biggest challenge when working with overlapping layers of aerial
photography is making everything on a new layer overlap correctly with
your existing layers. If one was to look at the current aerial layers
from Linz Data Service, they are all seamlessly overlapped at the edges
and there are no alignment errors (or there aren’t supposed to be!). In
the real world this does not happen by chance. Aerial photos are taken
by a camera and that camera is subject to distortions of various kinds,
not the least of which is due to the lens. Typically with any lens it
will start to show distortion out towards the edges of the image and
that is one good reason to take a series of aerial images that overlap
quite a lot so that you can avoid using the edges if necessary, which
makes resolving this issue quite easy.
other major real world distortion issue you will see due to the camera,
and which is much harder to deal with, is perspective distortion. This
simply occurs because of differing heights of terrain or features such
as buildings. If the ground is flat all the way across the image (and
the aircraft taking the aerial photo was flat and level) you won’t see
much or anything in perspective distortion. However issues arise as soon
as there is something like a building, because the perspective of it
varies depending on where the camera’s lens was relative to the building
when the photo was taken. The further away a building is from the
centre of the lens, the more likely it is you will see a view of the
building that is side-on instead of directly overhead and that distorts
the perspective of the building. Quite commonly this is very obvious
when looking at a series of images and the bits that overlap. And again, it is more pronounced towards the edges.
fix for perspective distortion is much more complex and basically
involves creating a computer model of the heights of terrain and
features and then feeding that along with the original imagery into a
computer program called an orthorectifier. To get the heights, these
days LiDAR radar modelling is generally used. The orthorectification is
what Linz use to generate their apparently error free seamless aerial
photos that cover the whole country. It can still be fooled if the
height model and the actual terrain imagery aren’t in sync. So it works
on the assumption that if there is this much difference in height then
it needs to move some pixels around to eliminate the perspective errors
and this is not really easy to do. I don’t know how much Linz pay to get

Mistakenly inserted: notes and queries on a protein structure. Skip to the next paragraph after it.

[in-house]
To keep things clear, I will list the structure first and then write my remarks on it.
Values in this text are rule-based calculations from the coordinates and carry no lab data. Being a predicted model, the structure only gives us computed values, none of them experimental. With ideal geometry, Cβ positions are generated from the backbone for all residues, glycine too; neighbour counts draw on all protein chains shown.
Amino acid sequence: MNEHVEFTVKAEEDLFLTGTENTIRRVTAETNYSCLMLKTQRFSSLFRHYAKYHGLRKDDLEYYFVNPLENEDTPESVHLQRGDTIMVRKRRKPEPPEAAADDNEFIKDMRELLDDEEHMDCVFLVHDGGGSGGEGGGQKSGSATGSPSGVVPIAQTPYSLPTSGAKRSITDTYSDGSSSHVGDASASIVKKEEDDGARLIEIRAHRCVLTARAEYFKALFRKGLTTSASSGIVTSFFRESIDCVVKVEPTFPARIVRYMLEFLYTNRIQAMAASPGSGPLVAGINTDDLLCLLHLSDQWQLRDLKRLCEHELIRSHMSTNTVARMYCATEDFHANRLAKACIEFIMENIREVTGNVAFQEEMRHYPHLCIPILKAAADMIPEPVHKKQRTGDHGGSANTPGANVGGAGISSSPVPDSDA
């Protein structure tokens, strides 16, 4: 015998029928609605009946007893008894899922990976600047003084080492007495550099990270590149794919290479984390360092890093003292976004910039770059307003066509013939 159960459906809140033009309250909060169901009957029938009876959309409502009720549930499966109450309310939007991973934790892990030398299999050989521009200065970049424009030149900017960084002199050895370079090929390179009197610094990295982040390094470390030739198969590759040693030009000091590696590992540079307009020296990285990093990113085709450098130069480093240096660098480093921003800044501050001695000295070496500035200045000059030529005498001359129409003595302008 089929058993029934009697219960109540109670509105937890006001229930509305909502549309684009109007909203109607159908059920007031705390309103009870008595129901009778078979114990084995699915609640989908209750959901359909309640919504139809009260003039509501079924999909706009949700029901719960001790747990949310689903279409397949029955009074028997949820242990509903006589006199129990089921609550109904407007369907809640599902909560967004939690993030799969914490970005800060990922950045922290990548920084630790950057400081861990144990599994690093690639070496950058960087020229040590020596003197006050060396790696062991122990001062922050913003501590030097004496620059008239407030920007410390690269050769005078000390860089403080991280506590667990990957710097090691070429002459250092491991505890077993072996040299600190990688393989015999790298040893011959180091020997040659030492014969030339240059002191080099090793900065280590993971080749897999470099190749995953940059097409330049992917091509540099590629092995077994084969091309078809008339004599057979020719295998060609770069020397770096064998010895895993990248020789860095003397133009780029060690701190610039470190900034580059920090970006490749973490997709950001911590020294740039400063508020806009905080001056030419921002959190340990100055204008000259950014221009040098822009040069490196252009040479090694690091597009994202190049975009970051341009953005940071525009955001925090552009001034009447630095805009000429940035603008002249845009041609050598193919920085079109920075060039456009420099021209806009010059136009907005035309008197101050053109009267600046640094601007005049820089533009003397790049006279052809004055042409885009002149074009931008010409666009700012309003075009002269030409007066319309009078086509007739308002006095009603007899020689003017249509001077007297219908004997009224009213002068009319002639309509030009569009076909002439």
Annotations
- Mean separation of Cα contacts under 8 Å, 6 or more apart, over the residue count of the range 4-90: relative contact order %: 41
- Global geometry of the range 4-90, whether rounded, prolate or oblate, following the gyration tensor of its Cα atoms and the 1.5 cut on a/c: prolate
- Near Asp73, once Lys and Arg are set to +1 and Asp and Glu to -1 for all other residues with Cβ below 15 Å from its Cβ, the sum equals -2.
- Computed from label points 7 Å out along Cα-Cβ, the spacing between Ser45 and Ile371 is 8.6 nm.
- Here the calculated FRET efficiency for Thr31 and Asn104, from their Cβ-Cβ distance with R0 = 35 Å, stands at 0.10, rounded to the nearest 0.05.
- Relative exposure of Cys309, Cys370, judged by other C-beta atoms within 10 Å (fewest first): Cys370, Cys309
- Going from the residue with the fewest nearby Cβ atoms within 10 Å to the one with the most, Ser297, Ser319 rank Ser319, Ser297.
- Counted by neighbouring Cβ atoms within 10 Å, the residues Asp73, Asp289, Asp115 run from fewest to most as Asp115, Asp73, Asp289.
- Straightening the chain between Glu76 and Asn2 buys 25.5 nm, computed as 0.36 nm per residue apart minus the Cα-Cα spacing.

their imagery orthorectified or how much computer resources are needed.
historical aerial photos aren’t orthorectified so there are other tricks to be employed. The mosaic alignments usually get done on railway tracks because they are flat on the ground. But in Dunedin you have the main line embankment at a height of 5 metres or more going through some yards like the Dunedin freight yard, the Dunedin diesel depot yard and the Hillside workshops yard, and that makes it nearly impossible to align all those tracks, high and low level, on the same map. So we can employ another trick, which is to create two copies of the same layer – one for the bank and one for the flat – and overlap them using a graphical editing technique called masking and put the join somewhere inconspicuous.
There is a problem with the original embankment through Caversham in that we don’t have anything on the Linz images to show us exactly where it went today so there is going to be some small amount, like a few metres, of placement error due to this perspective distortion but there is enough other things we can line up on to be reasonably confident. I did find a 1986 survey of Hillside Workshops to add coverage of Kensington in that period to the maps, which is combined with the NZR 1985 aerial survey of Dunedin. There is 1988 colour coverage of Dunedin yards as well but I decided not to use it. South of Kensington there is nothing really for the 1980s so most of that will be 1978 or 1979 at the latest (apart from current) but it is possible there might be something later for Green Island, Wingatui or Mosgiel as I haven’t checked all the way through.
The third factor making this complex is that it is a continuous section which means overlaps at the edges, so we have to create copies of some layers to get the overlapping to all line up. That is inherent with a suburban line section where it is desirable to document the entire section with all the stations and sidings that go off all over the place. So with all that work I am only just getting the maps into production now. There is still some work being done on the mosaics as necessary but the maps have now started to be drawn starting at Dunedin. After this the next section is from Dunedin to Port Chalmers, but I don’t have a schedule for it yet.
This area just north of Dunedin Station has changed greatly in 30 years. Latterly with the construction of Dunedin Stadium and diversion of SH88 down the rail corridor much of the old buildings and sidings have disappeared. The last photo shows a line of written off DG class locomotives being scrapped in 1985.